Azure management infrastructure

Natasha Ong
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4 min read

In a nutshell:

Resources are like individual items (virtual machines, databases, etc.) and are organised into resource groups.
Subscriptions can hold multiple resource groups, used for access control, billing separation, and organisation.
Management groups categorise and managing subscriptions at a wider scale. Usually only large companies (think global companies with hundreds of departments and offices) would use management groups.

Azure has opened a whole new world of services to us, letting us create virtual machines, storage blobs, virtual networks and more in the cloud.

Hmmm... once we're creating heaps and heaps of these, how do we keep things organised?

Azure has a system that's like a well-organised library, where everything has its place. Let's break it down in simple terms.

Resources and Resource Groups

Everything you create with Azure is a resource. These resources can be virtual machines, databases, storage accounts, and anything else you create! They're like the basic building blocks of Azure.

Now, if we think of resources as books, a resource group is the single shelf you use to put together resources. Let's look at the key facts for resource groups:

Why do resource groups exist?

Aside from the handy organising that resource groups do for us, they also save us time:

  • If you delete a resource group, all the resources inside will be deleted.
  • If you grant or deny access to a resource group, you're doing it for all the resources in that group.
  • In general, when you do something to a resource group, it affects all the resources inside it.


Now, let's talk about subscriptions. If resource groups are single shelves, think of subscriptions as bookshelves that contain multiple rows of shelves inside.

Yup, that means subscriptions organise resource groups. Every Azure account needs to have at least one subscription to use Azure. When you apply rules or settings to a subscription, you're applying it to all the resource groups inside it too.

Why do subscriptions exist?

With multiple subscriptions, you can set different rules for each. Subscriptions are really helpful when it comes to billing and access management.

  1. Billing: Each subscription gets its own bill, so you can keep track of your spending across different projects. You can even set up different billing requirements (for example, spending limits, payment methods, who's responsible for paying) for different subscriptions.
  1. Access management: You can set security rules at the subscription level. For example, a business would use subscriptions to manage each department's access to different Azure resources.
  • Tip: You could also create different subscriptions like "Development," "Security," and "Compliance." Each subscription gives access to the required tools for each type of work, so only authorised team members can make changes. For example, the "Development" subscription gives access to Azure VMs, the "Security" subscription gives access to Azure Security Centre, while the "Compliance" subscription gives access to Azure Policy.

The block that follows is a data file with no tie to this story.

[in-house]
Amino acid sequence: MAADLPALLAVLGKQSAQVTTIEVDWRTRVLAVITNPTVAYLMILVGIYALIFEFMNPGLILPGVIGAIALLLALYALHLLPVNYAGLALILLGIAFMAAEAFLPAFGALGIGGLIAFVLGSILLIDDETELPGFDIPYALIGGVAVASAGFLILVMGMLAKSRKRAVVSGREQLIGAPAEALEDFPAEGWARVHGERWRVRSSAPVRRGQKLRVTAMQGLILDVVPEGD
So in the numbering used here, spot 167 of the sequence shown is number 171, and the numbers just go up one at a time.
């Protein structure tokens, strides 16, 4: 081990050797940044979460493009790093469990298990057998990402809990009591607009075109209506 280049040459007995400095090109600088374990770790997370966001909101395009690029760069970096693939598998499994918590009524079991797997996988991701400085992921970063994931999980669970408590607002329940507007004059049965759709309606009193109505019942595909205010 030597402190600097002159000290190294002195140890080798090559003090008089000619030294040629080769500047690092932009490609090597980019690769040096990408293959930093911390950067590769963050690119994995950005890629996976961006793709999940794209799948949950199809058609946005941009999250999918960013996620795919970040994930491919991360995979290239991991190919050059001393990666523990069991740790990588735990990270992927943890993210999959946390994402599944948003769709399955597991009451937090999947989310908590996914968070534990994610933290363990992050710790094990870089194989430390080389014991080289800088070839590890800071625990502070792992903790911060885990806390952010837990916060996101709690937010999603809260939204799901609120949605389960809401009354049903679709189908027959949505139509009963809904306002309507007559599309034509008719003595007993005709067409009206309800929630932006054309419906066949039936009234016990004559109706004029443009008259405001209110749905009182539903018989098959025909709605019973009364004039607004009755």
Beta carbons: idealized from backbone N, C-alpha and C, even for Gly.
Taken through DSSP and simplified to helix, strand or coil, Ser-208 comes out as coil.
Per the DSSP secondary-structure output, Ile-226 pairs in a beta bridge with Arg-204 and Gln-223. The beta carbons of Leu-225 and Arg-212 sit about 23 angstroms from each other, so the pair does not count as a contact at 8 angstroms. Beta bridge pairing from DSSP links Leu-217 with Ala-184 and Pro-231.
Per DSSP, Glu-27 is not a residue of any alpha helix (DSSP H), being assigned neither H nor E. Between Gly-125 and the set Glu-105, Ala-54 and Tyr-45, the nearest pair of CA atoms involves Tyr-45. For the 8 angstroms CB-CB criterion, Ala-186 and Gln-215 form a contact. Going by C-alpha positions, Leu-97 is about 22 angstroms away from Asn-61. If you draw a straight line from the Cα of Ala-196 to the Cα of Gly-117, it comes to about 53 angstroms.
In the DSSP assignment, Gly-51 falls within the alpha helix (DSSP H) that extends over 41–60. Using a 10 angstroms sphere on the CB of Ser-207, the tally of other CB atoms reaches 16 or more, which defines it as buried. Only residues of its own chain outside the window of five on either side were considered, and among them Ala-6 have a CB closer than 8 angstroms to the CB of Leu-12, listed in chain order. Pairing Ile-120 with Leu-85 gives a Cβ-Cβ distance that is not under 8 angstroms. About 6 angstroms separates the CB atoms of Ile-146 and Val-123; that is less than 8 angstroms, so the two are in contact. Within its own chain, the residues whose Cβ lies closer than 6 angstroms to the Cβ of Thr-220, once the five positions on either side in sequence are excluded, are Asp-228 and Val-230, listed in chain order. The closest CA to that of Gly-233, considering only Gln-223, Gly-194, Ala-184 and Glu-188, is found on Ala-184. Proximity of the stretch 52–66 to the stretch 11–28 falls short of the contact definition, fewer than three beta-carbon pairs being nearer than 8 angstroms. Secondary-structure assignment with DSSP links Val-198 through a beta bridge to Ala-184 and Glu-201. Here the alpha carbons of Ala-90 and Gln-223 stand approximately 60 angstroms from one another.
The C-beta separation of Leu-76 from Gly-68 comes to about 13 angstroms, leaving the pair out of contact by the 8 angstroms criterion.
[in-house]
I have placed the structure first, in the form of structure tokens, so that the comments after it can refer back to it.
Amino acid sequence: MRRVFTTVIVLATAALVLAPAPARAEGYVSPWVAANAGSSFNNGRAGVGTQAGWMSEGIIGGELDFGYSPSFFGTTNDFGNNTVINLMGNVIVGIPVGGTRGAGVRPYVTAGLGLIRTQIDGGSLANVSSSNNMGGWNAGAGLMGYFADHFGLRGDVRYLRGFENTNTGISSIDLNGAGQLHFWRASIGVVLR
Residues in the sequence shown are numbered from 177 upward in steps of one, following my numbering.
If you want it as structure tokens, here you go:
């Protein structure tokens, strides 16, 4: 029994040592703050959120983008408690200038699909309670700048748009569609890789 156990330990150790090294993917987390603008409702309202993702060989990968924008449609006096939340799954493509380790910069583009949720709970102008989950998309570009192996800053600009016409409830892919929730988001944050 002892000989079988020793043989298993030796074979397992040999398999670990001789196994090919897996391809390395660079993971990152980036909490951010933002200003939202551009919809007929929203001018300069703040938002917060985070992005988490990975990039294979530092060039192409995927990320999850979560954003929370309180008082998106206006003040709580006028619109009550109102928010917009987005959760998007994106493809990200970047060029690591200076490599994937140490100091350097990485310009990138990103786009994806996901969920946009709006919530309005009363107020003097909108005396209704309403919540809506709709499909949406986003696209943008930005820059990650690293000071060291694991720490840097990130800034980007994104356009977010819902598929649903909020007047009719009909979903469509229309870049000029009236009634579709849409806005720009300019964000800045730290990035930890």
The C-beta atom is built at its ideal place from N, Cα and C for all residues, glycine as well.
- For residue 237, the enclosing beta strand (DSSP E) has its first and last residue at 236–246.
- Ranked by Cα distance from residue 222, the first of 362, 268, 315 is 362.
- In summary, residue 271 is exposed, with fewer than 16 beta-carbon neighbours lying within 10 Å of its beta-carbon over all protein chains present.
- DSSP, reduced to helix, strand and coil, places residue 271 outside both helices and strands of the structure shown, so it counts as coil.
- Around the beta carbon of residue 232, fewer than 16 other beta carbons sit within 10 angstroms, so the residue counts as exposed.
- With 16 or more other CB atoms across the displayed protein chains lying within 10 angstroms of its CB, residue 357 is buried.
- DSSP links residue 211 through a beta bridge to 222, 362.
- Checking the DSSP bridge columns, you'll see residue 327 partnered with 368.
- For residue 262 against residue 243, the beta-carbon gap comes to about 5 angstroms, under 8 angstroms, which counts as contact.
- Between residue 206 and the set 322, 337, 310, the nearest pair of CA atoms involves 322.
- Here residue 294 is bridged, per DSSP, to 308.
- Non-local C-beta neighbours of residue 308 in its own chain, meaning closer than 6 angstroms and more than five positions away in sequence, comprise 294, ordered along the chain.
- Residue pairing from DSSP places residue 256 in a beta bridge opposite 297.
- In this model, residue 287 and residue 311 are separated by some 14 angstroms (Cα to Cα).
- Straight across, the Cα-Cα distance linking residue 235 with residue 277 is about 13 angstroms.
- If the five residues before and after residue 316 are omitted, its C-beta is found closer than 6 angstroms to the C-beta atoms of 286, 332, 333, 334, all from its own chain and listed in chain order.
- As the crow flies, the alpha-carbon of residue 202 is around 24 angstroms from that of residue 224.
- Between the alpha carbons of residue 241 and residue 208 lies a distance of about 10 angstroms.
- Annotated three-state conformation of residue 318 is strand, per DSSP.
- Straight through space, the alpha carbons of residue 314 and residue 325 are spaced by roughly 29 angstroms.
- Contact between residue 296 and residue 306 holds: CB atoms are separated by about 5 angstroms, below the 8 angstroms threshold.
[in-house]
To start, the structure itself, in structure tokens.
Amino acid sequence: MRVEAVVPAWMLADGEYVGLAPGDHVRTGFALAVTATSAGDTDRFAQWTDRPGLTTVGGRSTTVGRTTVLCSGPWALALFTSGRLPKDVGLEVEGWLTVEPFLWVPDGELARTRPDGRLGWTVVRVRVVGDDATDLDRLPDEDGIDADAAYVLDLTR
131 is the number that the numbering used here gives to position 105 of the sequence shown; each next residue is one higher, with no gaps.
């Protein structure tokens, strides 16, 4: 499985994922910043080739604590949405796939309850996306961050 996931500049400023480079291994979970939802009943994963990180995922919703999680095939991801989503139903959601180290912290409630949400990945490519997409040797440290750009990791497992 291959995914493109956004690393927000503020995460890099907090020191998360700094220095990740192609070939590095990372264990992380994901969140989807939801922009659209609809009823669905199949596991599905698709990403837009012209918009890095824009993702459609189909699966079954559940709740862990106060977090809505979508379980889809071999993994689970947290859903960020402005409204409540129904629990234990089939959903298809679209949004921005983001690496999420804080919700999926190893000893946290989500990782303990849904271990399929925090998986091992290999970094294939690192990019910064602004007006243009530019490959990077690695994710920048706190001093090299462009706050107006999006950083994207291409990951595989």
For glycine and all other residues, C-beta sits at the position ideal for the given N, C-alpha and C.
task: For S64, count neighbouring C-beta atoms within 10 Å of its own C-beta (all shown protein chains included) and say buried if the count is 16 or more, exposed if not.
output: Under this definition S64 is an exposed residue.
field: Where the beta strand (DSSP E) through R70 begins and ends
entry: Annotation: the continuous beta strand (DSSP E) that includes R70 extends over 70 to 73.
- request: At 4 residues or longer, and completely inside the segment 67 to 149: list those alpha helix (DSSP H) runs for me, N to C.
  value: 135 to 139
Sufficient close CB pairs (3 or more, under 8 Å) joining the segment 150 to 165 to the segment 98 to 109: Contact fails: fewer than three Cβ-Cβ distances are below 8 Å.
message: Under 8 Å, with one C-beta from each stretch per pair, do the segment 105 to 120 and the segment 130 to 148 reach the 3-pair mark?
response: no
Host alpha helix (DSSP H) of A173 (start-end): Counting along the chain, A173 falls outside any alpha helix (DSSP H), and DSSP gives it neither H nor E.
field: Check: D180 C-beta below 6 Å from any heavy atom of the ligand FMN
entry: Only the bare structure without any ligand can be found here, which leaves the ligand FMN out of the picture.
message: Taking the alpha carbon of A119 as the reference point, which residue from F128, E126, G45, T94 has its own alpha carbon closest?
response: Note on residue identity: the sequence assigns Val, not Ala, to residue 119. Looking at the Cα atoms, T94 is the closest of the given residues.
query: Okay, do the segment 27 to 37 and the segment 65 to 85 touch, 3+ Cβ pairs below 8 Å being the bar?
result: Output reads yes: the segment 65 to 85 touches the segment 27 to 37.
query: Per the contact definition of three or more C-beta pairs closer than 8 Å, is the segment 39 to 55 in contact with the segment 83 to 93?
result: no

Management groups

The final piece of the puzzle is management groups. If subscriptions were bookshelves, think of management groups as entire sections of a library.

Now, you might think: aren't subscriptions enough? That is definitely the case for individuals and even smaller businesses that are managing smaller-scale projects. After all, not all of us need entire aisles of bookshelves at home!

But imagine if you’re dealing with multiple applications, multiple development teams, in multiple geographies. Think of management groups as the top level for the big companies that need it. This is similar to libraries being a unique case - they simply have so many books that it's necessary to divide their space into subscriptions.

When you apply rules or settings to a management group, you're applying it to all the subscriptions inside it too.

Why do management groups exist?

Management groups work super similarly to subscriptions, they're simply at a wider scale now.

  • Access management: If you want to give users access to several subscriptions, put those subscriptions under a management group. Then, assign access permissions at the management group level. This way, users get access to everything they need without the complexity of setting up access separately for each subscription.
  • Setting up policies: For example, you could set up a management group with the rule that all virtual machines (VMs) are only located in the US West Region. This rule will automatically apply to all the subscriptions, resource groups, and VMs under it, making sure the policy stays in place. Plus, this rule can't be changed by owners of the resources, resource groups of subscriptions inside it, so you can rest easy that this rule won't be broken.

A funky thing about management groups is that they can be nested to help with organisation. Here is an example of creating a hierarchy by using management groups.

Diagram showing an example of a management group hierarchy tree.

Fun facts about management groups

  • You can have up to 10,000 management groups in one account. That's a lot of organising!
  • You can have up to six levels of organisation in your management group tree. This limit doesn't include the Root Management Group at the top level.
  • Each management group and subscription can have only one parent. Remember how we said books can only be a part of one shelf at a time? It's the same idea here. A management group can only be in one management group at a time; a subscription can only be in one management group at a time.

And that's a wrap!

Here is a summary of Azure's management infrastructure: